The father of the Group of 20 is standing up for his progeny.
Paul Martin, who used U.S. backing to create a forum where the established powers and emerging markets could meet to talk about economic policy, says there was “substantial” progress made at last week’s G20 summit, a counterpoint to the widespread opinion that the Cannes meeting was a disappointment.
Here’s the kind of commentary that has Canada’s former finance minister and prime minister piqued.
“Last week’s summit proved almost comically irrelevant to the future of the global economy,” Wolfgang Munchau wrote Monday in the Financial Times. “In the previous decade, the old Group of Seven failed to prevent various financial crises. This decade, the G20 is failing to solve them.”
It would have been extremely difficult for the G20 to satisfy Mr. Munchau.
“Bringing an end to the euro zone crisis would require a central bank that acts as a lender of last resort, a common European bond market, and, ultimately, a fiscal union with a high degree of labour and product integration,” he writes. “However, these measures are at present inconsistent with national constitutions, European treaties and political preferences.”
If this is your bar for success, then failure is all but assured. Mr. Munchau is a columnist, so has the freedom to call things as he sees them. But reporters tend to cover summitry in much the same way. With only a few hundred words or a couple of minutes to sum up a myriad of views on dense subjects, nuance goes out the window. Was an obvious problem-solving step taken? No; ergo, the meeting was a failure.
Mr. Martin defines success quite differently.
Italy’s decision to allow economists from the International Monetary Fund to oversee its budget is significant, an example of how peer pressure can result in a positive policy shift, Mr. Martin said in an interview from Montreal. The G20’s decision to strengthen the Financial Stability Board, and make Bank of Canada Governor Mark Carney its head, is another concrete example of progress, Mr. Martin said.
In other words, to expect more than incremental change is to expect too much. The G20 still is too chaotic an institution to do more than keep the world’s major economies pointed in the same direction. No one country dominates the group enough to set the tone, so coming to a consensus is going to take a lot effort. “It’s going to be messy because the multi-polar world is messy,” Mr. Martin said. “It’s a mistake to question whether the G20 was a success or not because it didn’t come up with the ultimate solution.”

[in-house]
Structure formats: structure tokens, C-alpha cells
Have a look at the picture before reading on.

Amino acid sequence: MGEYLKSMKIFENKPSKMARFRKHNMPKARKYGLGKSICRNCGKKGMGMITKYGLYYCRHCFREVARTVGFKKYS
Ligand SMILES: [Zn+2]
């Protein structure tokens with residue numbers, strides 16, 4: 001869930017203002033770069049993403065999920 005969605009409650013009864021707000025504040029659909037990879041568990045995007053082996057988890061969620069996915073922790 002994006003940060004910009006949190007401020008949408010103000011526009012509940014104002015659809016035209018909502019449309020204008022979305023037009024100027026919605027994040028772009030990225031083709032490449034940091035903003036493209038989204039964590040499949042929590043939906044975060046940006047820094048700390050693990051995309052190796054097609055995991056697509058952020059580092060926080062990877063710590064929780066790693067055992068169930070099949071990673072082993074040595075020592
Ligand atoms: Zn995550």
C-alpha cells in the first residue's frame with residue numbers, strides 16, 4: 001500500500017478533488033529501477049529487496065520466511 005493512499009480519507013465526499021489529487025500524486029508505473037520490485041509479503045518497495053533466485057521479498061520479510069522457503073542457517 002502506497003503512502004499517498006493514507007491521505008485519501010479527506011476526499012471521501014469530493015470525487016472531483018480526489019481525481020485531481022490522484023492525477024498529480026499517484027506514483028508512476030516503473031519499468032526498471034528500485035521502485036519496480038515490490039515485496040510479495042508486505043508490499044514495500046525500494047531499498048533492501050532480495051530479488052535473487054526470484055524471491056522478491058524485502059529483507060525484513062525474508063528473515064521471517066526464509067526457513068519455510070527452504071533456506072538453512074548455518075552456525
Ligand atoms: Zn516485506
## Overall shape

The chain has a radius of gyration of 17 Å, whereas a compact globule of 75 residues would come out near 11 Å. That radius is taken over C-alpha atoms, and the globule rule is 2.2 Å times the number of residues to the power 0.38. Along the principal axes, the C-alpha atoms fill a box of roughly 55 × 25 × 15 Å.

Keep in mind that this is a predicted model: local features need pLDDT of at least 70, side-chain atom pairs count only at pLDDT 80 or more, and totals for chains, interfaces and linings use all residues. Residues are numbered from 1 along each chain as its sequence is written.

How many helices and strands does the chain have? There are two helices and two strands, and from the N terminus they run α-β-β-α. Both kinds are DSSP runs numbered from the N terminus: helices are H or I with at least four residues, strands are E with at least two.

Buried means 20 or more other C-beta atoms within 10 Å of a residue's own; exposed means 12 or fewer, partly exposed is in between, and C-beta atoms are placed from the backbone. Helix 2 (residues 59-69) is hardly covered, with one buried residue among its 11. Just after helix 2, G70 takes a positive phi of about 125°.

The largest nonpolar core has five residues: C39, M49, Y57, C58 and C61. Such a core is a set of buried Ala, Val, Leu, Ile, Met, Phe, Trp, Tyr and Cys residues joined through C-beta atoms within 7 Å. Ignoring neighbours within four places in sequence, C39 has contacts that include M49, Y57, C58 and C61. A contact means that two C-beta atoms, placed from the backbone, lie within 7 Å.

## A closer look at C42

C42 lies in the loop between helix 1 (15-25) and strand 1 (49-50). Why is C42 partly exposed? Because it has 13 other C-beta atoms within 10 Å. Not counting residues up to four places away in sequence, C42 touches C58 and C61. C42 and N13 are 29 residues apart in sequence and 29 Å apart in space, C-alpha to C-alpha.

That might be letting the G20 off a little easy. The leaders said they were ready to give the IMF more resources, a move that could have calmed anxiety over what might become of Italy if its bond yields continue to rise. Yet the G20 failed – oops, there’s that word again – to put down the cash. Leaders said their finance ministers would figure out how to do this by the time of their next meeting. Those meetings typically are held in February. This crisis is now.
Mr. Martin said leaders should now expect their finely crafted agendas to get derailed. The Cannes summit was knocked off course by the Greek government’s shocking decision to hold a referendum on the European bailout. Last year, the Seoul summit was a victim of the “currency wars.” This argues for a permanent secretariat, or some means to ensure more negotiations take place before leaders actually assemble.
“More than anything, what has to be done is more work prior to the summit dealing with the issues,” Mr. Martin said.
Indeed, some observers suggested negotiators simply ran out of time to sort out how to beef up IMF resources because so much extra effort was required to deal with Greece. There also are reports that G20 finance ministers might hold an emergency meeting by the end of the year to deal with the issue, rather wait until February.
For Mr. Martin, this would be another sign of progress. But one can also imagine Mr. Munchau’s take: Too little, too late.